Conan I (Rennes) de Bretagne
Privacy Level: Open (White)

Conan (Rennes) de Bretagne (abt. 0950 - 0992)

Conan (Conan I) "le tort, Duke of Bretagne" de Bretagne formerly Rennes aka Bretagne
Born about in Bretagnemap
Ancestors ancestors
Husband of — married [date unknown] [location unknown]
Descendants descendants
Died in Conquereuil, Bretagnemap
Profile last modified | Created 25 Jun 2012
This page has been accessed 11,592 times.
European Aristocracy
Conan I (Rennes) de Bretagne was a member of aristocracy in Europe.
Join: European Royals and Aristocrats Project
Discuss: euroaristo




  • Conan I /Bretagne/; Count of Rennes, Graaf van Rennes [1]
  • Nickname: The Crooked [1]

950 Birth and Parents

Conan de Rennes was born before 16 August 979[2][3] when he apeared at the court of Eudes, count of Chartres. [3] He was the son of Judicael (Juhel; Berengar and Gergerga (or Unknown). [3]

Baldwin states that Conan first appears in contemporary records when a papal letter of John XIII names two of the Breton leaders as "Berengarius" and his son "Conatus." John XIII was pope from 965 to 972, son Conatus had been born at the time of the letter, perhaps 970. [3] Named as a "leader" in that letter, he must have already passed infancy and childhood. Therefore a birth year estimate of, say, 950, is plausible.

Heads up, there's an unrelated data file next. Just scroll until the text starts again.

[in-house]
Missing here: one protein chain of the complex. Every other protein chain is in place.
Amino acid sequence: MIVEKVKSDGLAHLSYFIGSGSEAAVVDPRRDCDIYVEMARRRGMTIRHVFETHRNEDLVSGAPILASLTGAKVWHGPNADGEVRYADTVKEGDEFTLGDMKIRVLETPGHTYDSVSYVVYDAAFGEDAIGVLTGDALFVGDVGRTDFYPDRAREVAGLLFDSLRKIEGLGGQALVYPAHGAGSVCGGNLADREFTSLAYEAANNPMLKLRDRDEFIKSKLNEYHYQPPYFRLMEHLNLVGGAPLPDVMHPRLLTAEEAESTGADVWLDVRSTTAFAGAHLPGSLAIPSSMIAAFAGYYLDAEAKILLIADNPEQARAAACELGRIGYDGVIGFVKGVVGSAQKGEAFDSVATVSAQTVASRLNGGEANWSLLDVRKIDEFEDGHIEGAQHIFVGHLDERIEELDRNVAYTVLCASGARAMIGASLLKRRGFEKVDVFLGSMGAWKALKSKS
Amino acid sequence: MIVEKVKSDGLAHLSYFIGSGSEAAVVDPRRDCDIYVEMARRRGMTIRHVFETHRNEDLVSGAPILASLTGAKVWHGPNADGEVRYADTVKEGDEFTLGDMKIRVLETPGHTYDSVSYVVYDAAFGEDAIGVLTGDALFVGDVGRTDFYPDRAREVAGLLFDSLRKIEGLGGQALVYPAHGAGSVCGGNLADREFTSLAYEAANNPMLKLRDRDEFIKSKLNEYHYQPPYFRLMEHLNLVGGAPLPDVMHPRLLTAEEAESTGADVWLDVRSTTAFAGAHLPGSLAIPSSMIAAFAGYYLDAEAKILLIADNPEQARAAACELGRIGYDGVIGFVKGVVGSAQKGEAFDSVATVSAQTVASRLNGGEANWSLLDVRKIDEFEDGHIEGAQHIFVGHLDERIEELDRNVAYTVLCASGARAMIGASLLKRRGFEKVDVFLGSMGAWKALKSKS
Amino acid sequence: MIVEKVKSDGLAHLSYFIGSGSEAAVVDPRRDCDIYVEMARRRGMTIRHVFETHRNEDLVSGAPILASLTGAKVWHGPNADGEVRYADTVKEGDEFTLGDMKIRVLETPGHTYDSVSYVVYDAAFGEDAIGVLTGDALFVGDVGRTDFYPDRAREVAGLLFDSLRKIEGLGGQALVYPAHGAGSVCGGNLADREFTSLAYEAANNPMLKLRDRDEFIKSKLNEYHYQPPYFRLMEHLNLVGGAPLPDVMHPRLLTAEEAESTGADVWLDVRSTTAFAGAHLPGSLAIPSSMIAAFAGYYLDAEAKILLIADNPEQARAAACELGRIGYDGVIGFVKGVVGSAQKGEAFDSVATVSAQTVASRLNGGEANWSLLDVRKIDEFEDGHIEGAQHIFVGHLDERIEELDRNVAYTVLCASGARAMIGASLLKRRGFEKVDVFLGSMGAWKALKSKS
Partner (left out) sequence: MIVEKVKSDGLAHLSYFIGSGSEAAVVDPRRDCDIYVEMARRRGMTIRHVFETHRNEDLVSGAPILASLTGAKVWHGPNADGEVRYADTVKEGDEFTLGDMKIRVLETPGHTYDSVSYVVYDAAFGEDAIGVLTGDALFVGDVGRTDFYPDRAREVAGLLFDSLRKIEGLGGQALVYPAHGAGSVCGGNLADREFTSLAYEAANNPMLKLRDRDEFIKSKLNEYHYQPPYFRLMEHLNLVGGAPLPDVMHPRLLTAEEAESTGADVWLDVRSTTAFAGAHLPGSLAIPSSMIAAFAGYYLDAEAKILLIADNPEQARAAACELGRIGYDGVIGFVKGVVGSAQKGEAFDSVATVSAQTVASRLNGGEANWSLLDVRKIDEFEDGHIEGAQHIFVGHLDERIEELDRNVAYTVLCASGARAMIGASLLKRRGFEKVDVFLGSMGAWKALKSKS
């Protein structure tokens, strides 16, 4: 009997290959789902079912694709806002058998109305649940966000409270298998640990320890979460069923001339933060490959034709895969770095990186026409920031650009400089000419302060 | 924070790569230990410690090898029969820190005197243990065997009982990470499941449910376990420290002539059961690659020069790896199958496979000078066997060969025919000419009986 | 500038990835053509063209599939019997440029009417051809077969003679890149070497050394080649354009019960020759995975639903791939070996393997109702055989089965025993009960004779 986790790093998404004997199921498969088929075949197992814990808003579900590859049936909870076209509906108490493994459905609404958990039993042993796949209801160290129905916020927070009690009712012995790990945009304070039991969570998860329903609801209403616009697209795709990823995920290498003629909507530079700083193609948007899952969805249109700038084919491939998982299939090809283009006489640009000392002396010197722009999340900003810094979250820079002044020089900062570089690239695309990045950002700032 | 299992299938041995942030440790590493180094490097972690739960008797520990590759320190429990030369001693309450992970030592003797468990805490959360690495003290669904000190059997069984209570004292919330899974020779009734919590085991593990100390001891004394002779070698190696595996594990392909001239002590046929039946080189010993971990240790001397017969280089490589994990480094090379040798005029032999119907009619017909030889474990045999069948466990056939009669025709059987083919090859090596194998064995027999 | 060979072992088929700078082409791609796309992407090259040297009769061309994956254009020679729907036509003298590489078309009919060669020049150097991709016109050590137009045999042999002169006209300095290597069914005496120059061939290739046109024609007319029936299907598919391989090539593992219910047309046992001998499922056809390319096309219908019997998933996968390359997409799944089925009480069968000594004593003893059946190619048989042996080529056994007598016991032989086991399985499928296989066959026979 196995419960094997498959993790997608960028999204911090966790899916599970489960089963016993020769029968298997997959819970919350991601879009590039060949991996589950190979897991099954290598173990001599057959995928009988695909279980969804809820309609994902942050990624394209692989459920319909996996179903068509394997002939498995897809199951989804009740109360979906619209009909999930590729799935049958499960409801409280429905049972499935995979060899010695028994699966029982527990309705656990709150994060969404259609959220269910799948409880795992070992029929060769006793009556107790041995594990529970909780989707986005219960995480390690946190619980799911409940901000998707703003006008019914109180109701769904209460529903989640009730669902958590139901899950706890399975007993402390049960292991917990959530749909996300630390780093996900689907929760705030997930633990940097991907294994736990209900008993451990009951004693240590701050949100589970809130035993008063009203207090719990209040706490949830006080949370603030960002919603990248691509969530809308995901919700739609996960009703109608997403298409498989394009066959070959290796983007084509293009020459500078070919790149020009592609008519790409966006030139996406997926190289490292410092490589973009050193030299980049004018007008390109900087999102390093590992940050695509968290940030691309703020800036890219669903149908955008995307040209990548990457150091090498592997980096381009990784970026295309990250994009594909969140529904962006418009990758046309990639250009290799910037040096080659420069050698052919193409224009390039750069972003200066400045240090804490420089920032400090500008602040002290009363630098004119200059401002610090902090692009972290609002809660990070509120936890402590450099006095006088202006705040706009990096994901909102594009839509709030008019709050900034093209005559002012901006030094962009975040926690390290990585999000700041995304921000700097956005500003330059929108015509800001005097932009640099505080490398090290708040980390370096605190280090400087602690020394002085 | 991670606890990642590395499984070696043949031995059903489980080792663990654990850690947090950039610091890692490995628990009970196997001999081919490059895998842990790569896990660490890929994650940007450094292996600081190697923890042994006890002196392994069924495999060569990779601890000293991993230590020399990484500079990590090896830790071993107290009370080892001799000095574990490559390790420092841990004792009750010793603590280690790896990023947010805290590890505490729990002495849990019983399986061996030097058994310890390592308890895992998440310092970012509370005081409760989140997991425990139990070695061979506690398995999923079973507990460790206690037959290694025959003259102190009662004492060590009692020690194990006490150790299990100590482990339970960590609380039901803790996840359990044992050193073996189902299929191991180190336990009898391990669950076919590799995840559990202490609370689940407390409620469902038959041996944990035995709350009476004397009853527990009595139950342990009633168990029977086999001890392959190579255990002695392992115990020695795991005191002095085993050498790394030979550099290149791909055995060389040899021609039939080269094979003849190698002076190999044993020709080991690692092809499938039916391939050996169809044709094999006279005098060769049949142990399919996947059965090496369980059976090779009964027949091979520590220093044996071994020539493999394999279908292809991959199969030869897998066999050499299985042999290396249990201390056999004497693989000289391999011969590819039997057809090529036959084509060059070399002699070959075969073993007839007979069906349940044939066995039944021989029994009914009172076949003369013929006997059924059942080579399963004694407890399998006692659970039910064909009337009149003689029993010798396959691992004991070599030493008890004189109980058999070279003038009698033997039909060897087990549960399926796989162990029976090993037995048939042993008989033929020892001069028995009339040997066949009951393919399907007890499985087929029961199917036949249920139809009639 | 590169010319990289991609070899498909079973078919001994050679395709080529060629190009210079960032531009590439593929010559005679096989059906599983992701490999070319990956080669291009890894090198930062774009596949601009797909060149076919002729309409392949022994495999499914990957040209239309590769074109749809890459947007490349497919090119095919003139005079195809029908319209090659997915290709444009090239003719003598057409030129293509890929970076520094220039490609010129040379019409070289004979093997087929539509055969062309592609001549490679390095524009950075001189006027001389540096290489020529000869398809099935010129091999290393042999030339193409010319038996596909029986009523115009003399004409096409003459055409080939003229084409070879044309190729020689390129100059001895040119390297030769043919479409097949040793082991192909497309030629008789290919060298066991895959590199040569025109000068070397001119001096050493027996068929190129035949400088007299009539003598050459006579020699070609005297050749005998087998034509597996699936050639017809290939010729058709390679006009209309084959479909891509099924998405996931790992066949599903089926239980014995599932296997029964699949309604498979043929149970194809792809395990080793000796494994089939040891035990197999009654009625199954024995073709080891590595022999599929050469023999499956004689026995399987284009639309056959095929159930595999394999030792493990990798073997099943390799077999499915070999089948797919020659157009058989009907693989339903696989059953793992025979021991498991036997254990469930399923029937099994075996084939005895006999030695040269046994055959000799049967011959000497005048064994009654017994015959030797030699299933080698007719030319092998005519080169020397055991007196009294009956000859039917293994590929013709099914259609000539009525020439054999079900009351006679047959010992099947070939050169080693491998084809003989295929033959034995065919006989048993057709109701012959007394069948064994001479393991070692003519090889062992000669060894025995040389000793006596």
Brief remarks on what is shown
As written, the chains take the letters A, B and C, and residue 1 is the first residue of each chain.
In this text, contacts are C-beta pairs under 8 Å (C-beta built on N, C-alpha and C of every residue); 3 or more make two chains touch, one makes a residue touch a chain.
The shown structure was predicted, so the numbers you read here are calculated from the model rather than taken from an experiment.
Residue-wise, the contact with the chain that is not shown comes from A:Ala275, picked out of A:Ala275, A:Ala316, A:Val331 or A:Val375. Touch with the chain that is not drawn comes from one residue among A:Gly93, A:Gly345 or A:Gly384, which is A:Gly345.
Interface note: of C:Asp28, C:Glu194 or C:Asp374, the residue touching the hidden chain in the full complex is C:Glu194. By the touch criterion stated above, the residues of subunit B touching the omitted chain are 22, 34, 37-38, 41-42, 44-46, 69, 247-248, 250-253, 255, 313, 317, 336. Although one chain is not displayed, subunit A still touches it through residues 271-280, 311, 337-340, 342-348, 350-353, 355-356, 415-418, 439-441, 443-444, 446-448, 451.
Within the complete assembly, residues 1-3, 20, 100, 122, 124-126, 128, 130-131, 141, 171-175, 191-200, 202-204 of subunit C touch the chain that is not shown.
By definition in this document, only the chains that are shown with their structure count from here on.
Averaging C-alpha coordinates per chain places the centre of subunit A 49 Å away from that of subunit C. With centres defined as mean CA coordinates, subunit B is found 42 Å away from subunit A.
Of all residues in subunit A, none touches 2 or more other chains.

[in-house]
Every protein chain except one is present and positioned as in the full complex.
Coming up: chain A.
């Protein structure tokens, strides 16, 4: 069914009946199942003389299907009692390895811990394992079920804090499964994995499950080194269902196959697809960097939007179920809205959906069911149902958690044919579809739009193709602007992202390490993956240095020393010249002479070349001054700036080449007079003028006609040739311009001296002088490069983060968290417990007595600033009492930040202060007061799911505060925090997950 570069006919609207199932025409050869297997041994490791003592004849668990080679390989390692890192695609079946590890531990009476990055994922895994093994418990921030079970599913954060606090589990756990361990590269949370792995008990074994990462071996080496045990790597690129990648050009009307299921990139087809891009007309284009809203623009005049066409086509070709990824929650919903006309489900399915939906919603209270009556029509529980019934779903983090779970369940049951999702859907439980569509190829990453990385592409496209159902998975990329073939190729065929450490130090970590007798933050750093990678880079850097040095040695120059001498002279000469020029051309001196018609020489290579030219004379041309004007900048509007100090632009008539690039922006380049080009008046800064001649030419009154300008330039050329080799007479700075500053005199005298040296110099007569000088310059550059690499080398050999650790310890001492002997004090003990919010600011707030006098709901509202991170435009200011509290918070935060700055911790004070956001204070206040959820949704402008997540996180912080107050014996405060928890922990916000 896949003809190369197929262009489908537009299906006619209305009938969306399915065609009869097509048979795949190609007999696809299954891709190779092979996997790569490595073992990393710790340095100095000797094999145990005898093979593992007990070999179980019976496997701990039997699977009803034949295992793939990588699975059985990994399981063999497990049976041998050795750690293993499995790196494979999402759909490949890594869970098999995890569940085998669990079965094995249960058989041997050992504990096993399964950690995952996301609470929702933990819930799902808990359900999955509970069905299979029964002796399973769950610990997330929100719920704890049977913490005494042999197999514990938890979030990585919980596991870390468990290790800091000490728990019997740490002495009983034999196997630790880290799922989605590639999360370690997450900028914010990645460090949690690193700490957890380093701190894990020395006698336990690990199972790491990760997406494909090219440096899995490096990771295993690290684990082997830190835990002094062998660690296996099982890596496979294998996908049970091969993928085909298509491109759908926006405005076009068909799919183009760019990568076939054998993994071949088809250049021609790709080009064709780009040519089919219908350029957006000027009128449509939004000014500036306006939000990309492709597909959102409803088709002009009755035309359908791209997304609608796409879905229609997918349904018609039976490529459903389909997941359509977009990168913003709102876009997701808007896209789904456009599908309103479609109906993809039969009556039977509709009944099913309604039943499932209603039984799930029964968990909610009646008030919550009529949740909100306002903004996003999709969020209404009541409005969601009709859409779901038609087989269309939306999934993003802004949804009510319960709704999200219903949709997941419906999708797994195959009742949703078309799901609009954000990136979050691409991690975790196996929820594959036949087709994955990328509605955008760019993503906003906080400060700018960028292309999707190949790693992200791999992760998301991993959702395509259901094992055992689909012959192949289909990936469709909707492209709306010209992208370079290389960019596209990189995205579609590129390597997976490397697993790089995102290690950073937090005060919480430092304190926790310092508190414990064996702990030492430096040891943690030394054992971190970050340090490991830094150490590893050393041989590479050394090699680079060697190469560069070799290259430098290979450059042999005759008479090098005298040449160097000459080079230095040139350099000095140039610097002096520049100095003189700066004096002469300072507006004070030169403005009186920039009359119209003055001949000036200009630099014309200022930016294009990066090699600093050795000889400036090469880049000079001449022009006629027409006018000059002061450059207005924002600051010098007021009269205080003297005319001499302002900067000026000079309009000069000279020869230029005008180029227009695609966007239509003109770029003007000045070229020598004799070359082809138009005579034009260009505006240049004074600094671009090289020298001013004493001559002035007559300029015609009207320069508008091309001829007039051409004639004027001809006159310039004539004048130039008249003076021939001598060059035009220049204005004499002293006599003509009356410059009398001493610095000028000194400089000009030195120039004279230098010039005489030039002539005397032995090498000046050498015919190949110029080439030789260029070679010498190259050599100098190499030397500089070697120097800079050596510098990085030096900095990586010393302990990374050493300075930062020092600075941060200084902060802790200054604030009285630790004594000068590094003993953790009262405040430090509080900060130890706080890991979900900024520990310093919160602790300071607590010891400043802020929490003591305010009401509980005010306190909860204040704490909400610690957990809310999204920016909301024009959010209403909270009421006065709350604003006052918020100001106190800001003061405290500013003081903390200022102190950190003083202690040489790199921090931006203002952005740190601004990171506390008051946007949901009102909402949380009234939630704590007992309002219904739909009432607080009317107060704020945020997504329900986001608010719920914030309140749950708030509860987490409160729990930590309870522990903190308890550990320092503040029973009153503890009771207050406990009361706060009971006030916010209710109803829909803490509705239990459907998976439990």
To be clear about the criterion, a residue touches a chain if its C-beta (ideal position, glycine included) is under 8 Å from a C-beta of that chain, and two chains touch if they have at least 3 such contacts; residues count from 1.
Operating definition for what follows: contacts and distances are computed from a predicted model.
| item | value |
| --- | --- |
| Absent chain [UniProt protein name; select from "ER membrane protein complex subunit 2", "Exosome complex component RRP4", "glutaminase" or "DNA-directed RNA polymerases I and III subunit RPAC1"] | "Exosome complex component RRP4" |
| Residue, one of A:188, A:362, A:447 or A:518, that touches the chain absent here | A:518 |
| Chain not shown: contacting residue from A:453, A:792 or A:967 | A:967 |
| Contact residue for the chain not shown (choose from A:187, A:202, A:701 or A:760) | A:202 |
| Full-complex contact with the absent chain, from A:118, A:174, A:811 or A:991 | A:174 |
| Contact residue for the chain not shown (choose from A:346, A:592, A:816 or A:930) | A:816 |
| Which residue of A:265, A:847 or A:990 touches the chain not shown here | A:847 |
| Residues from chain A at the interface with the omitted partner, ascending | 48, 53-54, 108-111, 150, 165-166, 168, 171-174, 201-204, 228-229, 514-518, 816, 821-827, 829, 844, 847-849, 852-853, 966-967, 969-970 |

Some genealogies report a birth year of 927 in Brittany. [1] This would make him older than one would expect in the battles in which he fought and died.

Conan was first Comte de Rennes [2][3] and then after 990, Conan I "le tort," Duke of Britanny [2]

Some genealogies report the birth of his father Judicael Berengar of Rennes, as 910 and that of his mother, Gerberge, Countess of Rennes, as between 905 and 914. [1] Both of these dates place his parents' birth earlier than appears to be true.

973 Marriage

In 973 Conan married Ermengarde d'Anjou, daughter of Geoffroy I "Grisegonelle," Comte d'Anjou and Adela de Meaux). Cawley reports that she was born before 965 and died after 982. [4][5]

  • Ermengarde of Anjou[6]

Baldwin states that Ermengarde's date and place of birth are unknown, but that chronologically, she must be a daughter of Geoffroy's first marriage to . Adèle de Troyes, daughter of Robert I, count of Troyes. [4] Richardson gives her birth range from 965 and 974[6] -- bracketing her children's births between her marriage and her death.

In about 965, Ermengarde's mother Adela married Geoffroi I Grisegonelle, Count of Anjou (958/960-987), Count of Chalon (979-987), son of Foulques II the Good, Count of Anjoy, by his wife Gerberge. [6] The chronologies of other events suggest that Ermengarde de Bretagne, daughter of Geoffroi and Adele, was born the next year, 966, and married Conan I of Rennes, born about 950, who died in 992. Cawley states that Ermengarde was presumably born before 965 if it is correct that her first child was born in 980. [5]